Conversations and the Flat World cont.

So tonight was our ‘Beginning of the year BBQ’ basically a meet up of all the teachers to welcome each other back from the summer break. It’s a good time to catch up on what everyone did this summer and meet some of the new people.

I happened to sit down next to our new High School science teacher who introduced me to her fiancé. She is a ‘local hire’ meaning that her fiancé is here on business and she got a job with the school after moving to Shanghai with him. Basically it’s all about pay and that as an overseas hire we get more benefits than those who are ‘local hires’. She is a certified teacher who just happened to follow her fiancé to Shanghai and found a position at our school.

Her fiancé is where the conversation is. He works for a large multinational computer operation based in the U.S. (I’m keeping this on the low as you can tell) he is based here in Shanghai and does marketing work for the company. Once I found out who he worked for and what he did I was all questions and he was keen to respond. As much as I would have loved to post the whole conversation here, I’ll just give you the best parts.

We were talking about what skills kids need today and for that matter what skills he looks for when hiring people for his company.

“I’m looking for people who know how to learn! I don’t care about your degree or any other piece of paper you might have. I want to know your experiences, have you been faces with problems, how did you solve those problems and what was the outcome.”

Let’s stop right there. I’ve tried to remember this word for word the best I can and it’s been about 3 hours since our conversation. Think about what he’s saying. Think about the skills he’s asking for and looking for in a worker.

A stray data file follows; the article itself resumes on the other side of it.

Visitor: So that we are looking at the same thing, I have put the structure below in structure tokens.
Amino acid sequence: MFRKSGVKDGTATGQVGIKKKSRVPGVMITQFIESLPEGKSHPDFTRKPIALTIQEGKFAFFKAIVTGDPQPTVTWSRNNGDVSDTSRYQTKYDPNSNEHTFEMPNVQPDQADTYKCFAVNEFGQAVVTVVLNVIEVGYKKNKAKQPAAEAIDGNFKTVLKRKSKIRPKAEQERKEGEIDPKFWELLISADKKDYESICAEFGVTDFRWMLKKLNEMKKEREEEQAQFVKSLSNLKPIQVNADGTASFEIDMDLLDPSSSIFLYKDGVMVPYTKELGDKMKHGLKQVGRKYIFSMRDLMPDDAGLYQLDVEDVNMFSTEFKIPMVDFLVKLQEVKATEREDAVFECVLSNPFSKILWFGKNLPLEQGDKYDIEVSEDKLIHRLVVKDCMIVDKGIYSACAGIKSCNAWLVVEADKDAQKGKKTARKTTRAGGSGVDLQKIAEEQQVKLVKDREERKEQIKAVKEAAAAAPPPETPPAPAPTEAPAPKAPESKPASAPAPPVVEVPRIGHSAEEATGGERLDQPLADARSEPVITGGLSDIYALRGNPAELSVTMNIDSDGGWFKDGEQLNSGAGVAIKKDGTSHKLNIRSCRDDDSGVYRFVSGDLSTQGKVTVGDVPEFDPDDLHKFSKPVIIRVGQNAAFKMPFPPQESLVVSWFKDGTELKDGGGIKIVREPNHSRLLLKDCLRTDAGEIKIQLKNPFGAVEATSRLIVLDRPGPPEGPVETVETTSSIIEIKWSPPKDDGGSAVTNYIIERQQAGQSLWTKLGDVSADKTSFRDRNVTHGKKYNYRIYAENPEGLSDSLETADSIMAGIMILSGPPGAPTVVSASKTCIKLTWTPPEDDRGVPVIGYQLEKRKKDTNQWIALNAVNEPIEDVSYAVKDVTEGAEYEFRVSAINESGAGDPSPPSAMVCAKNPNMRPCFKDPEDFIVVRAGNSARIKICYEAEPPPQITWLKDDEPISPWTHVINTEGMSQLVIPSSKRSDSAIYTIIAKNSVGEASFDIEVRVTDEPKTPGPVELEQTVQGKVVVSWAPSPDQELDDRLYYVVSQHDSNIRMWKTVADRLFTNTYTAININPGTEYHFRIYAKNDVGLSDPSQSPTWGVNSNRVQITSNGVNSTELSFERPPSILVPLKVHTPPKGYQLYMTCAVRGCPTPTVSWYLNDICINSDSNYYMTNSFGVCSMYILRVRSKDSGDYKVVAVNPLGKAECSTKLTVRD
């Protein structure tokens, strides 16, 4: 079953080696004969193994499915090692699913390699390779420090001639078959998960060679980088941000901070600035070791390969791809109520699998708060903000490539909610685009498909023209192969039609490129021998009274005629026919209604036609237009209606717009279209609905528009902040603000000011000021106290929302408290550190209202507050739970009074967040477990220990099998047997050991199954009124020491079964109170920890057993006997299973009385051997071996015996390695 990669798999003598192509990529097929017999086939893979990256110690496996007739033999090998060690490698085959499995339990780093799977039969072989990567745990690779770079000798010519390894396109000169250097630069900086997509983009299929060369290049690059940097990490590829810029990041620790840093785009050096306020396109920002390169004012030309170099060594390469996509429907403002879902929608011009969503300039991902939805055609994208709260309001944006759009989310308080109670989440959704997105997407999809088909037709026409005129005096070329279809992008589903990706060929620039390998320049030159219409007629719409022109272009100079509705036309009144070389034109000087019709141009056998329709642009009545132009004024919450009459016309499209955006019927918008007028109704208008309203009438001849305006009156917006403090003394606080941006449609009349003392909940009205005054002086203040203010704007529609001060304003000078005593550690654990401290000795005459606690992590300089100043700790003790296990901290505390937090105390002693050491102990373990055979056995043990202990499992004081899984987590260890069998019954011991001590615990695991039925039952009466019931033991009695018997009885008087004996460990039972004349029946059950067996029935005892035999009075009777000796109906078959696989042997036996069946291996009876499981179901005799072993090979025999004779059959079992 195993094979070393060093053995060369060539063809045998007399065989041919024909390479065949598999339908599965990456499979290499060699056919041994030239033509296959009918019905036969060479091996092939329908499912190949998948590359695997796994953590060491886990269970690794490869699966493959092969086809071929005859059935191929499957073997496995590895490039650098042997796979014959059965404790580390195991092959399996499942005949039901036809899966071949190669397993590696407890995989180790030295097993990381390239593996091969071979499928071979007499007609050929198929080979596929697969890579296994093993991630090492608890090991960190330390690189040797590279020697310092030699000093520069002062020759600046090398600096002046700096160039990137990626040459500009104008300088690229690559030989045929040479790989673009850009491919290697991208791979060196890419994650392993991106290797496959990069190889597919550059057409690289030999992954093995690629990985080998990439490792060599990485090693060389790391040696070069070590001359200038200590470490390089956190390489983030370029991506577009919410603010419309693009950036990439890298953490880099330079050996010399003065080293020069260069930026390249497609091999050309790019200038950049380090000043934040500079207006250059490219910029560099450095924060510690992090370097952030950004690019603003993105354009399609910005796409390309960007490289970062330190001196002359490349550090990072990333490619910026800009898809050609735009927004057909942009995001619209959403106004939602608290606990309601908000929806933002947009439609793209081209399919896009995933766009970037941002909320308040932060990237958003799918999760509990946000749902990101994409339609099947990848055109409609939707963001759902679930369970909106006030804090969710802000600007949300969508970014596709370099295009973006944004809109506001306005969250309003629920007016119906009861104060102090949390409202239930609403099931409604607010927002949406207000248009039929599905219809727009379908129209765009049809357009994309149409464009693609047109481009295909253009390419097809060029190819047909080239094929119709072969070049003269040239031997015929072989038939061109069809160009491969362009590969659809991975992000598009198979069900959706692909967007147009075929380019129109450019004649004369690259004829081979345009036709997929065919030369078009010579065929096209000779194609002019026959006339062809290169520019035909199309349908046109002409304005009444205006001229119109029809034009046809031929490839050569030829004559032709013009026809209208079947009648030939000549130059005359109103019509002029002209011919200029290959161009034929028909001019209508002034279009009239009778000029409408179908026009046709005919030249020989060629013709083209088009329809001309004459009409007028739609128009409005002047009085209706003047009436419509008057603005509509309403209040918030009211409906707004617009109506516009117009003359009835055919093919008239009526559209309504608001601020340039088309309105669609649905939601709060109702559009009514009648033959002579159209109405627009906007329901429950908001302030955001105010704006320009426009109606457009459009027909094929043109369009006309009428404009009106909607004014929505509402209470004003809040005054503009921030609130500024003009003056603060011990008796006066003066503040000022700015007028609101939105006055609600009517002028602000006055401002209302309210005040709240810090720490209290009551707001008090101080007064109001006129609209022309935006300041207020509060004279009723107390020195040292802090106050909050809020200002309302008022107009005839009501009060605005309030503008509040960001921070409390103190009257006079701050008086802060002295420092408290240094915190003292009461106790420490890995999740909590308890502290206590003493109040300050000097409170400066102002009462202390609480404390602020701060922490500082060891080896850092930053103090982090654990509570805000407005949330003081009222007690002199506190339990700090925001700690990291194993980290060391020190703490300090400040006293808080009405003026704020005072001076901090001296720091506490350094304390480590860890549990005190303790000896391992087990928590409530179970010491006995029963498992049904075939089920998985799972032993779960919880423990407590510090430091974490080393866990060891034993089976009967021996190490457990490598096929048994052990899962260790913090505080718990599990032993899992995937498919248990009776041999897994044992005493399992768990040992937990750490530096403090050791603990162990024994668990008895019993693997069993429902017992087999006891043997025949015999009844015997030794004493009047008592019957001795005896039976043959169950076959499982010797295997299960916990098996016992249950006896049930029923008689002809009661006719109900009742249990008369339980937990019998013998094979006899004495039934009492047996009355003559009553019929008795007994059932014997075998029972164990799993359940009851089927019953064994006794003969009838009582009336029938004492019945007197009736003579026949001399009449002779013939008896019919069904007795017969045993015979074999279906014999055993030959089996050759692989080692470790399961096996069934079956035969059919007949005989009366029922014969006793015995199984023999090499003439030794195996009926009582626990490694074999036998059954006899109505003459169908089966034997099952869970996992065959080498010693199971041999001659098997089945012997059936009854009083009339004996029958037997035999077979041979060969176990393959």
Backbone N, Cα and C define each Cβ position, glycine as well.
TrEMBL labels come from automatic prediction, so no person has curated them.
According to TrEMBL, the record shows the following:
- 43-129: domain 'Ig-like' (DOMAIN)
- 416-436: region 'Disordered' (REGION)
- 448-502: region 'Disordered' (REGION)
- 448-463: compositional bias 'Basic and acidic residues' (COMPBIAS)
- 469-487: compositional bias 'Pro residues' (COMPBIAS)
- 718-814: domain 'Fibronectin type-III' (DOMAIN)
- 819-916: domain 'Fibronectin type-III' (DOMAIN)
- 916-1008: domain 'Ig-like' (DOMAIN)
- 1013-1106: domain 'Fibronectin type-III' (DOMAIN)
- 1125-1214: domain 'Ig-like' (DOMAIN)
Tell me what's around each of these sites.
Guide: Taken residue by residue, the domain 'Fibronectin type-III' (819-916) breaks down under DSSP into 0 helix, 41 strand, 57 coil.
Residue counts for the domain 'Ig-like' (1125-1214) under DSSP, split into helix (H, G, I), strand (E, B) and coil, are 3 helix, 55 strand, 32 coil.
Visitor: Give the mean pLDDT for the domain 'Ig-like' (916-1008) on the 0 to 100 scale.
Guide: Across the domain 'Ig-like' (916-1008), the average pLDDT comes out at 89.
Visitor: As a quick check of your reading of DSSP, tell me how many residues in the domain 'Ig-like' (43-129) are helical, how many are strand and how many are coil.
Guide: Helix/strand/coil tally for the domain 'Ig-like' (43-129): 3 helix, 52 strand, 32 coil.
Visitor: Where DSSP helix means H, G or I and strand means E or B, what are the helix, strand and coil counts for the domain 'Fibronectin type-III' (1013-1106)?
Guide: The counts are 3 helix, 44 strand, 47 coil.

“It’s not about knowledge, with the Internet today you can teach yourself anything. The question is do you know how to learn it and can you find the quickest most efficient way to find the information and solve the problem at hand. I’m looking for thinkers!”

So at this point I’m jumping up in down ready to put the man on stage and let him talk to the entire staff at my school. Then he hits me with this.

“What are schools doing or can you do to help kids gain these types of skills?” (This must be the fiancé being a teacher part!)

After I picked my jaw off the ground I smiles and say, “Good questions!”

The conversation went on from there and we talked about his office.

“Look, it’s just an address. Sure I have an office, but I go there only twice a week at best and that’s to have my English/Mandarin secretary tell me what was in my mail.  People don’t get it today. I work from home. I’m talking to the Philippines, Malaysia, Japan, and the US. All I need is an Internet connection. I don’t need an office.”

Here is the scary part this is the 3rd conversation I’ve had this week were I’ve met people or their spouses that “Telecommute” to work. One for a large multinational bank, one who owns his own finance firm in Miami and this fellow who works for the multinational computer company. The most fascinating of the bunch is the guy who owns his own finance firm. Basically his wife told me “He can live anywhere…he does all his work on the computer, so we decided we wanted to live abroad and decided on Shanghai. He goes to Miami for two weeks every year, other than that he telecommutes to work. Of course I never get the computer, but we’re happy and he spends more time with me and we explore the world from here.”

Is it a flat world? Yes. Are people really living in it? Yes. Is China everything the news makes it out to be? Yes.

Are we teaching the skills students need to be successful in this new environment?

Can we teach these skills?

What does our focus need to be?

How do we get there?

What needs to change?

All questions that are running through my head as I try to go to sleep tonight. I just hope we have answers to these questions. Otherwise is education really preparing our students for the world that awaits them?

[tags]conversations, China[/tags]

Technorati Tags: ,